Turning toward the room, you move to the sofa chair, the empty black bag, shake it to try to get it to hold more of a form.  You have not upgraded to the hard bulletproof looking rolly cases that everyone else seems to own.  You still have the same hard cornered duffle bag looking thing your parents gave you in college.  "When we look at a painting, we enter into it," you think. "We go inside, looking for something.  We go on a journey, so we need a suitcase...to carry our stuff." You walk around the room with the empty suitcase, mimicking a little journey.  "When we're in there, we get lost, go around in circles, lose our way, but sometimes we find something.  Sometimes we bring something back."  You walk over the bed and back to the sofa chair, drop the bag next to it, as if this is the end of your journey.  "It seems so cliche, but that's how we talk about it.  That's how we think about it.  Everything about a suitcase seems cliche," you think.  "That girl has a lot of baggage.  That guy just can't let things go.  She really carries it around with her.  A heavy load."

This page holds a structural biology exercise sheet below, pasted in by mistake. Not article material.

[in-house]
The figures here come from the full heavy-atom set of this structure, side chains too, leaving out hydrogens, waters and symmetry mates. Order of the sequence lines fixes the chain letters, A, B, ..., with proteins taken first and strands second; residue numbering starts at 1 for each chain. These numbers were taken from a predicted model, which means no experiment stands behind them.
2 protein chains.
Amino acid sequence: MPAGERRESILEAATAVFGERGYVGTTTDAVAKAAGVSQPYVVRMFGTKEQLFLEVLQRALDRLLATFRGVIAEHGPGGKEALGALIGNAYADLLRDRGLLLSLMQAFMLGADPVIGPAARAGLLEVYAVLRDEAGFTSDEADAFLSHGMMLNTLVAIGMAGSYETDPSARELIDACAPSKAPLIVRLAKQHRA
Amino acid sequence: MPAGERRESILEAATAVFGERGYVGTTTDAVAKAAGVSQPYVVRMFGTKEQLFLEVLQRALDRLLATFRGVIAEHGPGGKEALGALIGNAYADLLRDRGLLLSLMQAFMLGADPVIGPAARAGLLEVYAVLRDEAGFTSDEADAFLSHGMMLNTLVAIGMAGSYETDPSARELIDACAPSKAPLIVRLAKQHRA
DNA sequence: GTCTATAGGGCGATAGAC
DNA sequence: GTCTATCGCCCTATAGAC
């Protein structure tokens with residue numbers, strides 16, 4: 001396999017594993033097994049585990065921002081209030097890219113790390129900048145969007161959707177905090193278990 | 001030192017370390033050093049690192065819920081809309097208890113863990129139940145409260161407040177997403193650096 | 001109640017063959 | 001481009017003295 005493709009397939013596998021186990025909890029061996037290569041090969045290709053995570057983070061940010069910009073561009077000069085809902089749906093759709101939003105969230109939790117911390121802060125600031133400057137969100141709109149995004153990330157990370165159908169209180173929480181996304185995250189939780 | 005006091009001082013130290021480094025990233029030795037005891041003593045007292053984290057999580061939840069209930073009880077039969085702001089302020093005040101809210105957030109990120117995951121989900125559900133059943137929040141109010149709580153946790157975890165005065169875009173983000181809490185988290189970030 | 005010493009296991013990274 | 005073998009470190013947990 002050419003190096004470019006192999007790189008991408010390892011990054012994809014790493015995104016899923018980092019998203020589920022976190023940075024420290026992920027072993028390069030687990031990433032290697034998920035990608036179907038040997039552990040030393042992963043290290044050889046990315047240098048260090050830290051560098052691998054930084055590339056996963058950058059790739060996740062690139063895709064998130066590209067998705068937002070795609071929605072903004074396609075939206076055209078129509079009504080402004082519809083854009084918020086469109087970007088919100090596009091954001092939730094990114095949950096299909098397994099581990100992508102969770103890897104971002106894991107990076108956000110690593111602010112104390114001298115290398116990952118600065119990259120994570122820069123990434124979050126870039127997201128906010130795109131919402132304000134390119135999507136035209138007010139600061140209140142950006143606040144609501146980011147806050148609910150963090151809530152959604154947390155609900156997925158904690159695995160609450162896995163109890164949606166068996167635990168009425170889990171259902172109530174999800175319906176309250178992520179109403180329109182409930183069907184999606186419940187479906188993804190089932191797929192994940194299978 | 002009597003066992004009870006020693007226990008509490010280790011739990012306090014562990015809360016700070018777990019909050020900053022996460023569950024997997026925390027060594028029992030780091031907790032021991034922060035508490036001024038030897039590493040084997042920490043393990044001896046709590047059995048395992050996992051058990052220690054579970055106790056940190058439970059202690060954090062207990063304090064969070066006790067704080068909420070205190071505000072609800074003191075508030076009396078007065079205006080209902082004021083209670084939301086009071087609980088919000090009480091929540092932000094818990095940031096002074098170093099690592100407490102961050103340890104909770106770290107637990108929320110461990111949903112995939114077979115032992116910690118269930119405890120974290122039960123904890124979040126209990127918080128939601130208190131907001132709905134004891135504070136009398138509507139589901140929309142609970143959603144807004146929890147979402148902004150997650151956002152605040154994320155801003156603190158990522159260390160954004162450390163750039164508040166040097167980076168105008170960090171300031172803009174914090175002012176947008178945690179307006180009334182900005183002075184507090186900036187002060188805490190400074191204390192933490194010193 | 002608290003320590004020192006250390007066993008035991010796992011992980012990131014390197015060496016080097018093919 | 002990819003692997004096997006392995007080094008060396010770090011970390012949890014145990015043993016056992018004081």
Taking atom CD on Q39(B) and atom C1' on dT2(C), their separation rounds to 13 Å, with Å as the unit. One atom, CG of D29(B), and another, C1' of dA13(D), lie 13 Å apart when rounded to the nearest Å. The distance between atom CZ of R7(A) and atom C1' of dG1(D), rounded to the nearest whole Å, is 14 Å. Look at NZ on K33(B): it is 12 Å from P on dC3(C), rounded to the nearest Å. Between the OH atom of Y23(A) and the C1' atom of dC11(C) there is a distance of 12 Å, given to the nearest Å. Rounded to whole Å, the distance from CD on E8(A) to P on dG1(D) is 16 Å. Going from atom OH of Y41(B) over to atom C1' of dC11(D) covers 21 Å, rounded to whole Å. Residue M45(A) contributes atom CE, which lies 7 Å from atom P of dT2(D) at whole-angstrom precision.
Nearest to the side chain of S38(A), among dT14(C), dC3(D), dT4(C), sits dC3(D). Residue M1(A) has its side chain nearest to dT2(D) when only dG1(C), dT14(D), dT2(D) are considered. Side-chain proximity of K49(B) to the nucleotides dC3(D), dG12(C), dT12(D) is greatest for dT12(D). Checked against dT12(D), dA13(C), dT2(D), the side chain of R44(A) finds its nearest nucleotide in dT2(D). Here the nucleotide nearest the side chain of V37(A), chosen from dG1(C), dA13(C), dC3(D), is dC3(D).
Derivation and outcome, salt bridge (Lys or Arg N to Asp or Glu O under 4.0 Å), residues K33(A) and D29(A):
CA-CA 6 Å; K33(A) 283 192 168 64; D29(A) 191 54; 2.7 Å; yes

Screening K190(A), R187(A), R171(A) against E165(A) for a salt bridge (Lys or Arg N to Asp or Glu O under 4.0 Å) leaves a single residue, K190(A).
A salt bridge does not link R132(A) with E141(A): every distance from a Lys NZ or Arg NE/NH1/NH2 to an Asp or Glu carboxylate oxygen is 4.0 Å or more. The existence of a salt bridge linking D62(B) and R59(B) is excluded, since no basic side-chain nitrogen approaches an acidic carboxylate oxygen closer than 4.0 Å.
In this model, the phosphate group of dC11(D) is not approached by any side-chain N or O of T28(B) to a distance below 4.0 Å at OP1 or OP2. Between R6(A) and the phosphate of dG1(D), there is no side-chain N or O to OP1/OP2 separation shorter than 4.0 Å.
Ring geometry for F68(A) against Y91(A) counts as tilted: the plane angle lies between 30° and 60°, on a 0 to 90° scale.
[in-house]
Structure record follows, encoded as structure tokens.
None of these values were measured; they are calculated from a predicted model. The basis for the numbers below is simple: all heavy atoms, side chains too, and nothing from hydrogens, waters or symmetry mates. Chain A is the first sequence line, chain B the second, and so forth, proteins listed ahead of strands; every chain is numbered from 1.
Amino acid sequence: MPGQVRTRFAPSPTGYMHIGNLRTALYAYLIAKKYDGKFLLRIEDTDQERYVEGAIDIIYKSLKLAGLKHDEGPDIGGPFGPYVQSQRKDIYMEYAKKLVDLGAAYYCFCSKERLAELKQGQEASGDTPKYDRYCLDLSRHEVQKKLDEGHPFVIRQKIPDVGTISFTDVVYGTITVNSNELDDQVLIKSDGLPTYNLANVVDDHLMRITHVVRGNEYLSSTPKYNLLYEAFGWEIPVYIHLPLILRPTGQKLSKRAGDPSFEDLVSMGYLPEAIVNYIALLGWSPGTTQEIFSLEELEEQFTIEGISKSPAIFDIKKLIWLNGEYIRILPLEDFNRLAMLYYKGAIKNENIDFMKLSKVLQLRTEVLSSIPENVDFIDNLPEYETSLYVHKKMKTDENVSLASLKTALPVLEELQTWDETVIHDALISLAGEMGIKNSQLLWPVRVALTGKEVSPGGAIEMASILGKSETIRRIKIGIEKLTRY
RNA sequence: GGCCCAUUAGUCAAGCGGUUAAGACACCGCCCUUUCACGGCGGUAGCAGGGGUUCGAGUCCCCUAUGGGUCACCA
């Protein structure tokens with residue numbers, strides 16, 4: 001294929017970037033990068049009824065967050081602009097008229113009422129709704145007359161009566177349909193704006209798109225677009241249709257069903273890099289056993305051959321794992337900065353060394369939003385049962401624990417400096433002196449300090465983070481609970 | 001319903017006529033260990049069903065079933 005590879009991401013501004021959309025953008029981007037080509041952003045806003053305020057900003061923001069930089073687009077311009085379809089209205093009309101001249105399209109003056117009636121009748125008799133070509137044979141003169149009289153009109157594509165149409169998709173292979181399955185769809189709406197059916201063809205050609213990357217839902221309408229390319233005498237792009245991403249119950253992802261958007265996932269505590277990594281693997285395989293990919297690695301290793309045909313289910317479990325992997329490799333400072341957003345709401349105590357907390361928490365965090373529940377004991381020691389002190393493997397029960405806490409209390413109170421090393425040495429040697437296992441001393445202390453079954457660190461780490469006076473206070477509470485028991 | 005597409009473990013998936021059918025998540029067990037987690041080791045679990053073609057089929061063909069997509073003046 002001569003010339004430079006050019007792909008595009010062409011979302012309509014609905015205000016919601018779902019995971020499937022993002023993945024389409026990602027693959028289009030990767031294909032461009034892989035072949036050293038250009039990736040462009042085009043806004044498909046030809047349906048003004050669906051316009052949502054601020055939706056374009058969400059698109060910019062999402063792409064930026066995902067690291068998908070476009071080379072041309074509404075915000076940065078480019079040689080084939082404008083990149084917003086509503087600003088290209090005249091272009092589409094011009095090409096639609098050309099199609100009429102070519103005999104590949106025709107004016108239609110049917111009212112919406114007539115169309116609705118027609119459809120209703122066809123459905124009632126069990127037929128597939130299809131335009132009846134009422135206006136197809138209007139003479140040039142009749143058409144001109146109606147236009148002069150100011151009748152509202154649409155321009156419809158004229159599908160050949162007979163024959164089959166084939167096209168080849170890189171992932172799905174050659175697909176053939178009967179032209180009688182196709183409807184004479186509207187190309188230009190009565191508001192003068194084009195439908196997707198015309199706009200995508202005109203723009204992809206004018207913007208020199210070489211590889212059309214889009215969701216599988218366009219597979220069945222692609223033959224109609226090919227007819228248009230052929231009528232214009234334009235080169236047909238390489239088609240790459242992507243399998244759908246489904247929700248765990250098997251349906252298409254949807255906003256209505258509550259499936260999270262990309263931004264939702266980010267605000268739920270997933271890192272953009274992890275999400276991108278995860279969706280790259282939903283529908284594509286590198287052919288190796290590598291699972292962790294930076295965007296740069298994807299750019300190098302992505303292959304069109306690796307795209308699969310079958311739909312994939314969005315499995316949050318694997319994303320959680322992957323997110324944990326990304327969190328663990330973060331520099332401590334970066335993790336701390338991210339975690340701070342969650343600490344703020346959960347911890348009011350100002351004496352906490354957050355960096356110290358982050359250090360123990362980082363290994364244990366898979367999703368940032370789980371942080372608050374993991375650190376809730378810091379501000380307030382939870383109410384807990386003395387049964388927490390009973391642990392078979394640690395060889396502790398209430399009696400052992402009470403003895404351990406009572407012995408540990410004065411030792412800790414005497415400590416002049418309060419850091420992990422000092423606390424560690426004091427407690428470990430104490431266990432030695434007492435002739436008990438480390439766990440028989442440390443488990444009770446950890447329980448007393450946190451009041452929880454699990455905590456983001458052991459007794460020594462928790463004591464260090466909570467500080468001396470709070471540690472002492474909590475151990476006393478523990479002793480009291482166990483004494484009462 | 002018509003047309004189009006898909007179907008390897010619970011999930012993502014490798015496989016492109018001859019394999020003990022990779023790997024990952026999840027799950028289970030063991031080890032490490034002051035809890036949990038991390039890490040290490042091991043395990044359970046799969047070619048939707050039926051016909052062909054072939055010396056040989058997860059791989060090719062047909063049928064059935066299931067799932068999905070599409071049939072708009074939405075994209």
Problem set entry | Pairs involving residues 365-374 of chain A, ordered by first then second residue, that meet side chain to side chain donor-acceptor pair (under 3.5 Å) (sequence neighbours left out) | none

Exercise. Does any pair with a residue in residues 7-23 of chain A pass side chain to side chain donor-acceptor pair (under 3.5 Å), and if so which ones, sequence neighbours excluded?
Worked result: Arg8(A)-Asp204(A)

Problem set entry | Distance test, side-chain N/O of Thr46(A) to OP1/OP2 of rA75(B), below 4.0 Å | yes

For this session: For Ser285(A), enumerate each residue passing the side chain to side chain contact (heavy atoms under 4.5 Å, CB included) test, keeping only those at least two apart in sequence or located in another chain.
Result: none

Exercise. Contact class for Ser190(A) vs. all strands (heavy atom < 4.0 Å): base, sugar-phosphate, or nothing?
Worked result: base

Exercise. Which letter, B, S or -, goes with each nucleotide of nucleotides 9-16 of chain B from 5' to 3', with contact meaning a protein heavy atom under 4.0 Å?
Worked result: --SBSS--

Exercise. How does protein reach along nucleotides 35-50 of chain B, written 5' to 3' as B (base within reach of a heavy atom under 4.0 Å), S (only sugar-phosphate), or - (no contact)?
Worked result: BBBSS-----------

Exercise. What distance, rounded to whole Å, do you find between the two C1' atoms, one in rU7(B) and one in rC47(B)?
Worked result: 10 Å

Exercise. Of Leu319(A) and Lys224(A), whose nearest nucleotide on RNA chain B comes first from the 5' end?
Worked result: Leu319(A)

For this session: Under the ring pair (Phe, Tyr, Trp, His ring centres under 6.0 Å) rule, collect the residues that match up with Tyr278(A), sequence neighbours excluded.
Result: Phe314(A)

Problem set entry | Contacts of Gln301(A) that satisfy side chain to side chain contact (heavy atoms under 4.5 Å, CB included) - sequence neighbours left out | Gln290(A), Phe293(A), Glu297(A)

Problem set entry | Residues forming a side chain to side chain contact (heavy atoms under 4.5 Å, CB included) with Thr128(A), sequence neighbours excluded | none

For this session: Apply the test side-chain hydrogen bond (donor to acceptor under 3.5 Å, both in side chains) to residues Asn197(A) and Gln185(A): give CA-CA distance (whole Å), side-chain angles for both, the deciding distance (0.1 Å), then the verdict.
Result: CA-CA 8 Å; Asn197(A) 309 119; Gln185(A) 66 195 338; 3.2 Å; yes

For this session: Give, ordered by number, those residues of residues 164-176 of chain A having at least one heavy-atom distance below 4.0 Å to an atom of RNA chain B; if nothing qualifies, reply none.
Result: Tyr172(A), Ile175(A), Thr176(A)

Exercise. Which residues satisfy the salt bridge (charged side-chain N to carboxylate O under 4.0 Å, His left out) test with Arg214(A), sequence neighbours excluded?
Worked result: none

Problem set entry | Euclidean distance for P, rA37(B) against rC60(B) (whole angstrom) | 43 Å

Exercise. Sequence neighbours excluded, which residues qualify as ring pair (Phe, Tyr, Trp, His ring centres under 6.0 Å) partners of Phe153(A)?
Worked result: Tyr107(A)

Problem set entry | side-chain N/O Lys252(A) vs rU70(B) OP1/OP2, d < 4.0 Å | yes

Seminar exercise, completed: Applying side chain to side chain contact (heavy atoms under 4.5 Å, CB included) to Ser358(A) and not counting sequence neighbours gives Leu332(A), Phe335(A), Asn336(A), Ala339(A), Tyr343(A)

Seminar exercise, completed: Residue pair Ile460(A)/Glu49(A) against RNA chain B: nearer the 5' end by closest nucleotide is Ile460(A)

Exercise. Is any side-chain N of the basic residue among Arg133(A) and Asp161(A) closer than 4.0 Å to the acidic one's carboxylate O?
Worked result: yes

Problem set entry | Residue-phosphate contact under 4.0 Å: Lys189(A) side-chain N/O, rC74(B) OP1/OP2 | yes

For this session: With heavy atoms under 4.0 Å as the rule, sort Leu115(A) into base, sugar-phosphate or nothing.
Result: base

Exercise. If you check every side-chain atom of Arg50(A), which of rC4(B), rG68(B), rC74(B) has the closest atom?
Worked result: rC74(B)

You remember a play you saw recently.  There was a character, a woman in a soft blue dress, that carried around a suitcase the entire time.  We were supposed to wonder, 'What's in the suitcase?'  The mystery was supposed to keep us engaged.   Was it her troubles, her dreams, her unconscious desire to sleep with her girlfriend's brother?  No.  It was nothing.  There was nothing in there.  You could tell by how easily she swung it around on stage.  "It's empty," you say to yourself.  "It's hollow.  Devoid of meaning.  It has nothing substantial inside.  It's flat.  On the surface.  Doesn't have any depth."